Jewellers protesting the Centre’s Budget proposal to increase the excise duty and furnish customer PAN details, opened up makeshift vegetable stores and sold only to people with PAN cards to show their disapproval.
Merchants in Bardoli at Surat sold pakoras, vegetables and ‘excise tea’ in response to the government increasing the excise duty by 1% and asking for PAN details for transaction above Rs 2 lakh. Jewellers have been on protest for a month following the government’s announcement during the Budget session in February. The jewellers want the proposal to be rolled back.
In Rajkot, about 2,000 jewellers and workers announced they were withdrawing their membership from the ruling BJP as slogans like ‘kamal ka phool, hamari bhul’ (the lotus was our mistake) picked up among the protesters. The lotus is the BJP’s insignia.
Some merchants reportedly demanded PAN details for purchases as low as Rs 10 at the makeshift vegetable stalls.
The strike across Gujarat is hitting the jewellery business across the country as Surat has several diamond polishing units and Rajkot is a hub for designing and making.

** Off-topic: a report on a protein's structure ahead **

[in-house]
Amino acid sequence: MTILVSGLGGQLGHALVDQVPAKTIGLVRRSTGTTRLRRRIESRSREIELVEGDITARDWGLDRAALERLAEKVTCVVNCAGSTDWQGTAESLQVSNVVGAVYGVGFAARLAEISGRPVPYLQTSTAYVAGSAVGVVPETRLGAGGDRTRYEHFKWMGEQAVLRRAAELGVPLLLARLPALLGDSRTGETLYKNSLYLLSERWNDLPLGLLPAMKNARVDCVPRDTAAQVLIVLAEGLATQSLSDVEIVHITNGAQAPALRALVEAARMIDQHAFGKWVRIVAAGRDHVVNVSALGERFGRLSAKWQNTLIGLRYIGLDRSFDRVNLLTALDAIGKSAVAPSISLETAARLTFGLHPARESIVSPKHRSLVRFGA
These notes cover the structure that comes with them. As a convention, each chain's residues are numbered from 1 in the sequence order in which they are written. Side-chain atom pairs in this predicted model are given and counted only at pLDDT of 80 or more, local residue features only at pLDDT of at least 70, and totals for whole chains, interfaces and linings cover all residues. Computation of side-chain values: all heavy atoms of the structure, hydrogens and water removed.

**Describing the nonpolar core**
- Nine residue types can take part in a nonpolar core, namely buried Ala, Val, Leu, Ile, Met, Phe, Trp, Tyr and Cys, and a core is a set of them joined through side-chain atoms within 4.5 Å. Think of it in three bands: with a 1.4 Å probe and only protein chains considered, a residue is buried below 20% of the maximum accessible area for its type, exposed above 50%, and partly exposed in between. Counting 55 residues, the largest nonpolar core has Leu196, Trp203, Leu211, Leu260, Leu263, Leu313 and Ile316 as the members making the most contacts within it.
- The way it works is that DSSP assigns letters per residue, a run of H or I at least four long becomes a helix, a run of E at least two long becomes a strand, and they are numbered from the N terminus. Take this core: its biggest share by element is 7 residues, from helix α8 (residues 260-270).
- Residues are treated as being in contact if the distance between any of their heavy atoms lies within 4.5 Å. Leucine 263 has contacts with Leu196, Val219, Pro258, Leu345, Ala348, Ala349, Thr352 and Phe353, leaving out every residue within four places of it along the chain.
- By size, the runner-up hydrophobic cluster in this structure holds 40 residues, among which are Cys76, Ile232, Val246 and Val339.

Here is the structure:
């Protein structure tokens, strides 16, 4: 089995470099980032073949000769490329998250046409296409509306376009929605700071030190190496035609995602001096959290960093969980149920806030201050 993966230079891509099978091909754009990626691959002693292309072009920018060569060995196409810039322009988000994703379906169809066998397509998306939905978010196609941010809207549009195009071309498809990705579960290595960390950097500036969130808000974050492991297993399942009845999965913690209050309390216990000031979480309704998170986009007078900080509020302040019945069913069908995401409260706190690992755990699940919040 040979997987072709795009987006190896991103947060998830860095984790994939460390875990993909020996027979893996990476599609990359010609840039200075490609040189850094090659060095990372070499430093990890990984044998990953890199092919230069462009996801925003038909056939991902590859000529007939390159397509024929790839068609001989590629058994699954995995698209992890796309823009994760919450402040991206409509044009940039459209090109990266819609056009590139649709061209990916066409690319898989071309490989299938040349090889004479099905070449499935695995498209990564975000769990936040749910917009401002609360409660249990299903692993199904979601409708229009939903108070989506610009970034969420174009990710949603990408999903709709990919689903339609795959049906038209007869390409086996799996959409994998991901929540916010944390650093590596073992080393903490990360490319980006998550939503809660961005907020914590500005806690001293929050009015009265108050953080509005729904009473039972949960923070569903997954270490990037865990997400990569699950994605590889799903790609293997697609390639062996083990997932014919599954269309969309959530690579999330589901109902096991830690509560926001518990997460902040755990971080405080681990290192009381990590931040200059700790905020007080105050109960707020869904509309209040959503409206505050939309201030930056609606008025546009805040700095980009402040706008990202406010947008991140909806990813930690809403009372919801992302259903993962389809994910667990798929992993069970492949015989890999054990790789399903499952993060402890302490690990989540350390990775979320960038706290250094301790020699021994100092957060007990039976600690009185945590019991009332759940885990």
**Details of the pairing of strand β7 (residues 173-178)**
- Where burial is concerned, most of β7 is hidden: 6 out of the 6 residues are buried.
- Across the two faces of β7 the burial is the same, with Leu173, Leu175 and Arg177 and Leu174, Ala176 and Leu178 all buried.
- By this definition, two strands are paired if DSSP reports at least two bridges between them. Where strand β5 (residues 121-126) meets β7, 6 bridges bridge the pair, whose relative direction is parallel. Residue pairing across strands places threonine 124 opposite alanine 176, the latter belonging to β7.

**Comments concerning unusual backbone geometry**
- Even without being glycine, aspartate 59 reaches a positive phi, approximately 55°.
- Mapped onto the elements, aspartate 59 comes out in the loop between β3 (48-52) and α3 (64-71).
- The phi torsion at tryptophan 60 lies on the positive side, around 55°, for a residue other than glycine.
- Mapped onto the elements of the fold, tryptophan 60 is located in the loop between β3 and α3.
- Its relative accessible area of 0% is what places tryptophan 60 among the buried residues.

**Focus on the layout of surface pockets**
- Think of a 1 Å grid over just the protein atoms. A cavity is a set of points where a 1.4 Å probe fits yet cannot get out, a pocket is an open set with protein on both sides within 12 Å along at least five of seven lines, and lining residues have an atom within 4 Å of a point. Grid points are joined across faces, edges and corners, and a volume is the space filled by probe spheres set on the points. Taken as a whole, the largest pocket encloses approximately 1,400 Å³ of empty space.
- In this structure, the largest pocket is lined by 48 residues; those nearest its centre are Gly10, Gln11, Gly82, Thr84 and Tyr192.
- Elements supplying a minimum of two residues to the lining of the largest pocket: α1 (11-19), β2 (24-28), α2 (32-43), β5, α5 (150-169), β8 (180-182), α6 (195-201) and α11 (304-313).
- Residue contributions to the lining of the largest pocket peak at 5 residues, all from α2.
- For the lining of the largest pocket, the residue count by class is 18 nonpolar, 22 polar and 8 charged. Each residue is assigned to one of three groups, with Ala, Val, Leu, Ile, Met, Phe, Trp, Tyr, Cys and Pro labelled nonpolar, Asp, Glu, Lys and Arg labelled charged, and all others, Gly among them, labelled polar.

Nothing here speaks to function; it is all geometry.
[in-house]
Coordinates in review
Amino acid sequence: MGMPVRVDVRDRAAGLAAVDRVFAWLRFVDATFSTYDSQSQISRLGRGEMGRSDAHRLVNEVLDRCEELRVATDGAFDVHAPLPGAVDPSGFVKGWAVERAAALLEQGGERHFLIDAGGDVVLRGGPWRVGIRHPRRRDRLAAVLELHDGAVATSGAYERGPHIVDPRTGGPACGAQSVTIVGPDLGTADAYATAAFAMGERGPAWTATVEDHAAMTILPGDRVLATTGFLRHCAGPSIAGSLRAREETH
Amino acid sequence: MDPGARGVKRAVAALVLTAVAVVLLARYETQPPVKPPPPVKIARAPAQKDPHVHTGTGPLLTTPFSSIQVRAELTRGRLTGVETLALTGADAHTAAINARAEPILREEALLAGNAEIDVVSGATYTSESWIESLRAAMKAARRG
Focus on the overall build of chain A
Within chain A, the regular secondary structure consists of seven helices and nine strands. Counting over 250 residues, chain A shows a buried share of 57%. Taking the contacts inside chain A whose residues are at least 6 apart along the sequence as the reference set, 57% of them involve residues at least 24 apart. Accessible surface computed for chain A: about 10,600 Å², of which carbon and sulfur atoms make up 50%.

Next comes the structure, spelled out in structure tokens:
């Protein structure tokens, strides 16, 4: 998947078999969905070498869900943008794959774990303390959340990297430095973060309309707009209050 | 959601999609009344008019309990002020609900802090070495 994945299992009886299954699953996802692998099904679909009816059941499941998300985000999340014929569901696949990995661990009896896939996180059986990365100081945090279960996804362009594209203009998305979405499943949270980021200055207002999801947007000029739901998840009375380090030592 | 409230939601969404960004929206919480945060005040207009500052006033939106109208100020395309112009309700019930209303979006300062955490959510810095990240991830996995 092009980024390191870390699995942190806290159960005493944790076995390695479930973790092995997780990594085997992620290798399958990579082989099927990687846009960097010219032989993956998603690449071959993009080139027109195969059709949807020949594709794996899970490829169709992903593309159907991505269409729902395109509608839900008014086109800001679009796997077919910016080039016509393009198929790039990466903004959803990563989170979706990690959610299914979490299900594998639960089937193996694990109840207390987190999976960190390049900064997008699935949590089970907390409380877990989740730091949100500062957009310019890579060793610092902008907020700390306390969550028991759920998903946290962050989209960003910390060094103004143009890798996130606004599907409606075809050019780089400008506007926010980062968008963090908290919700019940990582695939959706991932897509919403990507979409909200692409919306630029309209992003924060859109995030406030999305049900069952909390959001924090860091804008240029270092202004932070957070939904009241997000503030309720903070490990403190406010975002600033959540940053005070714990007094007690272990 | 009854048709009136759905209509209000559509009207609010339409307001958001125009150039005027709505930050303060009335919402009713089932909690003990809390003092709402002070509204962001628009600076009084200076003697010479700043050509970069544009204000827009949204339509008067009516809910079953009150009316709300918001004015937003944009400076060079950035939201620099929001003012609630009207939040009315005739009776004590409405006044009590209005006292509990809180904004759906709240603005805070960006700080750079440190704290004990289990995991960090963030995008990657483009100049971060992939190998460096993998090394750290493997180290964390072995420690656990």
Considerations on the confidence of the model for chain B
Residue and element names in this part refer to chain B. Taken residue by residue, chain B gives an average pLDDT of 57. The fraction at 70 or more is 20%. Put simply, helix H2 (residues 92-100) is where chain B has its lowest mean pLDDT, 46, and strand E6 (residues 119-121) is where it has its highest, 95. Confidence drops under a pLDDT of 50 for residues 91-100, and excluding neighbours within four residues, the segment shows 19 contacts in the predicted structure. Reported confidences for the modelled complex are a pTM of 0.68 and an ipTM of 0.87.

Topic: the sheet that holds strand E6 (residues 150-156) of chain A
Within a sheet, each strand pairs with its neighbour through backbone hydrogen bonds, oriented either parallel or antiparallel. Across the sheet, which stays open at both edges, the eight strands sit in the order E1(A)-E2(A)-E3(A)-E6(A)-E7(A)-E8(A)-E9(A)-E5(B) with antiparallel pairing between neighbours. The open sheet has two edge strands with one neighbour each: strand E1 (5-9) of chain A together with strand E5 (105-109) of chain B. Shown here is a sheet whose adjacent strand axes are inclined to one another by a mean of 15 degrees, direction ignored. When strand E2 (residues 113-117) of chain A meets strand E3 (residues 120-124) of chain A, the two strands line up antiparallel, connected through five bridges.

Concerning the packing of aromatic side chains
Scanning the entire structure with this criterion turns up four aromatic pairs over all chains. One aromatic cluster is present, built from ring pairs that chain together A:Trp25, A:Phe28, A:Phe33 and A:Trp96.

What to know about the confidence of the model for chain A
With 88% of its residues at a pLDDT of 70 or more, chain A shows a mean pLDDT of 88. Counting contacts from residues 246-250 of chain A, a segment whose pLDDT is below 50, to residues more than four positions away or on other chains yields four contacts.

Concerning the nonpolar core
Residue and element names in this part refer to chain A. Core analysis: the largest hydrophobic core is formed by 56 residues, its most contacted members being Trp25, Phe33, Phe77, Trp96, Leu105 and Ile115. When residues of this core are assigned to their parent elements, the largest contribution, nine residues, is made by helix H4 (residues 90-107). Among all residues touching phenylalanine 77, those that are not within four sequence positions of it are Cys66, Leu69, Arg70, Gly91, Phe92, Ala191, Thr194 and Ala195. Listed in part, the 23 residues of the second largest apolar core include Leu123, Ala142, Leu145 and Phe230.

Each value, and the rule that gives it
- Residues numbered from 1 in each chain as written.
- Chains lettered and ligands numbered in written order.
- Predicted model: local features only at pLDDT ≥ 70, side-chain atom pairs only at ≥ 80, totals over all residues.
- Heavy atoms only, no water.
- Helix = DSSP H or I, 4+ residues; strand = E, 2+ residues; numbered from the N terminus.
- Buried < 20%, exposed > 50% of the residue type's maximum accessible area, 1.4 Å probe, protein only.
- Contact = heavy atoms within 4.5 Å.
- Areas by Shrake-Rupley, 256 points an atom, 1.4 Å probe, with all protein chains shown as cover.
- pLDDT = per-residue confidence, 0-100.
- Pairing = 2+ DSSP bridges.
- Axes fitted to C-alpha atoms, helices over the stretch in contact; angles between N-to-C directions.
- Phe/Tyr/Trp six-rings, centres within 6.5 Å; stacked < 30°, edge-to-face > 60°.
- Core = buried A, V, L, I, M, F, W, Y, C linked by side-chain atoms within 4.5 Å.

Many jewellery houses in cities such as Delhi, Mumbai and Kolkata have also remained closed since the protests started on March 2.
Finance minister Arun Jaitley said the government would not roll back the proposal. However, the government has constituted a panel under former chief economic advisor Ashok Lahiri to look into issue and submit a report in 60 days. The sub-committee will look into issues related to the compliance procedure for the excise duty, including records to be maintained, forms to be filled, operating procedures and other relevant aspects.
The government’s stubborn stand on increasing the excise duty and asking for PAN details is aimed at ensuring checks and balances in the jewellery industry. It also impedes those eluding paying taxes or funnelling black money through heavy bullion purchases.